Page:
Brain infarcts among crack cocaine users may be secondary to large cerebral artery vasospasm with secondary intravascular thrombosis (with or without distal embolization).
A 30-year-old woman with past medical history of hypertension, hyperlipidemia, type 1 diabetes mellitus (T1DM), chronic kidney disease (CKD), and poly-substance abuse presented to the emergency department with a sudden change in mental status, weakness of the right side of the body, slurring of speech, and new-onset dysphasia. On examination, the patient’s vital signs were: temperature, 37.8°C (100°F); pulse, 98 beats/min; blood pressure, 190/95 mm Hg; and, respiratory rate, 12 breaths/min. Findings from cardiovascular, GI, and respiratory examinations were normal. Results of complete blood cell count were: hemoglobin and hematocrit, 11 g/dL and 38%, respectively; white blood cell count, 4500/µL; platelet count, 230,000/µmol. Results of a complete metabolic panel included sodium, 138 mEq/L; potassium, 4.1 mEq/L; blood urea nitrogen and creatinine, 3.5 mg/dL and 3.5 mg/dL, respectively; and blood glucose, 180 mg/dL. Variations from normal were attributed to her CKD and T1DM. Values for folic acid, vitamin B12, thyroid-stimulating hormone, and rapid plasma reagin were normal. Results of a test for HIV were negative. Findings on a CT scan of the head were normal.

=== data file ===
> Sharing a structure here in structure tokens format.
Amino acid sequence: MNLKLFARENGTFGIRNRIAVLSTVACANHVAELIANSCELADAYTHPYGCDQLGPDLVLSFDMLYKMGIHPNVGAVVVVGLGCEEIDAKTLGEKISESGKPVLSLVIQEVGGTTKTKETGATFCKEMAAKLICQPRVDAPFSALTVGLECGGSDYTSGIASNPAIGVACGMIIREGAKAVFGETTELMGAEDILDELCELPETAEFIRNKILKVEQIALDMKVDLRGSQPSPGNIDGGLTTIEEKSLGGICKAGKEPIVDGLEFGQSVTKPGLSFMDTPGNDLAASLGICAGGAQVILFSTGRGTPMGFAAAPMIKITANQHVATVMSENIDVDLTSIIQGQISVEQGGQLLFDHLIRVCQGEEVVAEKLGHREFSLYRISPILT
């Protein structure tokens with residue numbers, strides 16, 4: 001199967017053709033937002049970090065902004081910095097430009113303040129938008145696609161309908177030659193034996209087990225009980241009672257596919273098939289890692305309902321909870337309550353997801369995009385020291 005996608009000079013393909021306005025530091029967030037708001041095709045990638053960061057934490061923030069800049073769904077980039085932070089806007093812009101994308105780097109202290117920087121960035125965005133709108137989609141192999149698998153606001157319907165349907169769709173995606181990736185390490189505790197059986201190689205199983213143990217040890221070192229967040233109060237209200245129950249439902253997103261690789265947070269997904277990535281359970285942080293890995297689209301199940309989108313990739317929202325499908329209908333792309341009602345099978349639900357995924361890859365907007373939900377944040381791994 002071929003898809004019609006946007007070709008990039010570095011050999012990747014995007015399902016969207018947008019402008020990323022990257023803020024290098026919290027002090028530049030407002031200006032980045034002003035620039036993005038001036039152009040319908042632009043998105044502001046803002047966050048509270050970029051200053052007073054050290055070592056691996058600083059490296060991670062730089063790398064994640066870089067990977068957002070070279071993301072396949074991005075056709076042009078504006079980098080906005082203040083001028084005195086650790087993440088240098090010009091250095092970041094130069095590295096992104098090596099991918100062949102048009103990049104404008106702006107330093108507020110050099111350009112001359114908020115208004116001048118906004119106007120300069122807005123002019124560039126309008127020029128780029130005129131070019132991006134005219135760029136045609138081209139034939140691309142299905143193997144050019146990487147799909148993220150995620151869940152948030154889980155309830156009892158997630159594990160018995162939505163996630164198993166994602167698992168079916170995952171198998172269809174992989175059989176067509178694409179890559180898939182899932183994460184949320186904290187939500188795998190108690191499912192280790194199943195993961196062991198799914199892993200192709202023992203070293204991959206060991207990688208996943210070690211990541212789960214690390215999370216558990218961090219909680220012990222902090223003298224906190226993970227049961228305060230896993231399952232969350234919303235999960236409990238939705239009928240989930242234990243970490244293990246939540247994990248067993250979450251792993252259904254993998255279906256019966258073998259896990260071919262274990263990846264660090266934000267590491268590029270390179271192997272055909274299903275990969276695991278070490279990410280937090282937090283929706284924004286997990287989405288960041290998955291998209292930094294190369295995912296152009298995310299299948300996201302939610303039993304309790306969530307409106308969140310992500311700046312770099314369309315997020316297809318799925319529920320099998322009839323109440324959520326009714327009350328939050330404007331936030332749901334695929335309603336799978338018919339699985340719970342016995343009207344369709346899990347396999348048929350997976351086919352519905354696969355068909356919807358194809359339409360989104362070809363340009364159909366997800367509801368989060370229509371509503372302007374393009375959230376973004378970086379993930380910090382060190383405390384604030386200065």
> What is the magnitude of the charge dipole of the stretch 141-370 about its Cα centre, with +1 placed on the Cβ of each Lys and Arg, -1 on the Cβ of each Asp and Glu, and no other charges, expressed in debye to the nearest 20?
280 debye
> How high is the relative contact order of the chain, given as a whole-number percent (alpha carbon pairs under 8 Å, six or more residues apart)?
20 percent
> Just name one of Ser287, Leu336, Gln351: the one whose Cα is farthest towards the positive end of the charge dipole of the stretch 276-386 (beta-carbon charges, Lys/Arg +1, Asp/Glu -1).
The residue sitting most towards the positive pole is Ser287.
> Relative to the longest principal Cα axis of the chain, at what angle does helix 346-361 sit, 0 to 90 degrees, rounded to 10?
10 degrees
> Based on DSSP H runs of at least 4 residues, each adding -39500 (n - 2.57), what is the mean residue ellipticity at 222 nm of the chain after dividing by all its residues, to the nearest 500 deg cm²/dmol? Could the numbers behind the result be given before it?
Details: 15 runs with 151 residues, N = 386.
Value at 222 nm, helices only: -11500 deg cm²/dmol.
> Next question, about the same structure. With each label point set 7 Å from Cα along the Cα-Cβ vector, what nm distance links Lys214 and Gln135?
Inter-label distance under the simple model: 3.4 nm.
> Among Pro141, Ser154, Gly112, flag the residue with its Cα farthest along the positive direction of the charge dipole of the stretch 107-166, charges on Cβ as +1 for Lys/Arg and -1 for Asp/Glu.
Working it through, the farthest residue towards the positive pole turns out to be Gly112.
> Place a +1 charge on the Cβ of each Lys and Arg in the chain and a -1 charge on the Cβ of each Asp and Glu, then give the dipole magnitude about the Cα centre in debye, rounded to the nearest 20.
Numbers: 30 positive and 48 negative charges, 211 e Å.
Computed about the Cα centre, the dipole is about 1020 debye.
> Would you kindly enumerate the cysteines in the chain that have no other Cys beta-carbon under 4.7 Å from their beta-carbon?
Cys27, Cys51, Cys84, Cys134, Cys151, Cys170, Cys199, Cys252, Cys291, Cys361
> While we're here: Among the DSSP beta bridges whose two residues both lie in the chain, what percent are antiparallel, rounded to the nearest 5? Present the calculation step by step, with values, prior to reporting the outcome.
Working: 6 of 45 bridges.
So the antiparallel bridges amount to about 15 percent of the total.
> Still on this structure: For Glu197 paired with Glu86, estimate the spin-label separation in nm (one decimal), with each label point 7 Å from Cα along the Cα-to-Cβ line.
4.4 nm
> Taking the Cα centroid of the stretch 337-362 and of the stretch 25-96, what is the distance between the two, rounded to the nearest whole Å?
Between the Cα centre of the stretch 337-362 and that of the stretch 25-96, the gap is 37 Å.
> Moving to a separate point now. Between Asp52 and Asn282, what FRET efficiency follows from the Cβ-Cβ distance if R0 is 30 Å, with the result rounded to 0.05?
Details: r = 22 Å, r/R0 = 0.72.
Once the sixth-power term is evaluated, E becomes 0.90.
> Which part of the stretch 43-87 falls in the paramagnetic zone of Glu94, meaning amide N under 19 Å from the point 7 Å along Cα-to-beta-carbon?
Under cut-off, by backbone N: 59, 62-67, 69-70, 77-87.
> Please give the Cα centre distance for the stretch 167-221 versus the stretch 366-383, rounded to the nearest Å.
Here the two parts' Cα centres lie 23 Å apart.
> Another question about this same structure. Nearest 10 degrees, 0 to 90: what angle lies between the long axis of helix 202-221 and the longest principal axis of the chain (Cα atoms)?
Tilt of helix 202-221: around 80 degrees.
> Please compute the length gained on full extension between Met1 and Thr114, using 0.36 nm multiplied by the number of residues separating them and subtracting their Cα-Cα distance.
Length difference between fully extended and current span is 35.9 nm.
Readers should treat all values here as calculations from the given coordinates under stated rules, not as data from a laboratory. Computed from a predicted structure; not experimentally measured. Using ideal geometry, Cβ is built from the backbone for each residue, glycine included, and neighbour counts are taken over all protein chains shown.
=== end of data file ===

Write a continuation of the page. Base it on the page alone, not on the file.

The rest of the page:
Neurology was consulted, and diffusion-weighted MRI (DW-MRI) of the brain with and without contrast was performed. DW-MRI showed patchy areas indicating increased signal in the pons on both sides (Figure, above*) and otherwise normal brain parenchyma. MRA showed no evidence of stenosis or luminal irregularity to indicate intimal tears.
Repeated MRA and DW-MRI were obtained 2 days later. DW-MRI showed diffusion abnormality restricted to the pons, which was diffusely involved (Figure, below*). Moreover, the observed abnormality did not extend into the anterior, middle, and posterior cerebral circulation, which ruled out embolic disease. The repeated MRA was normal.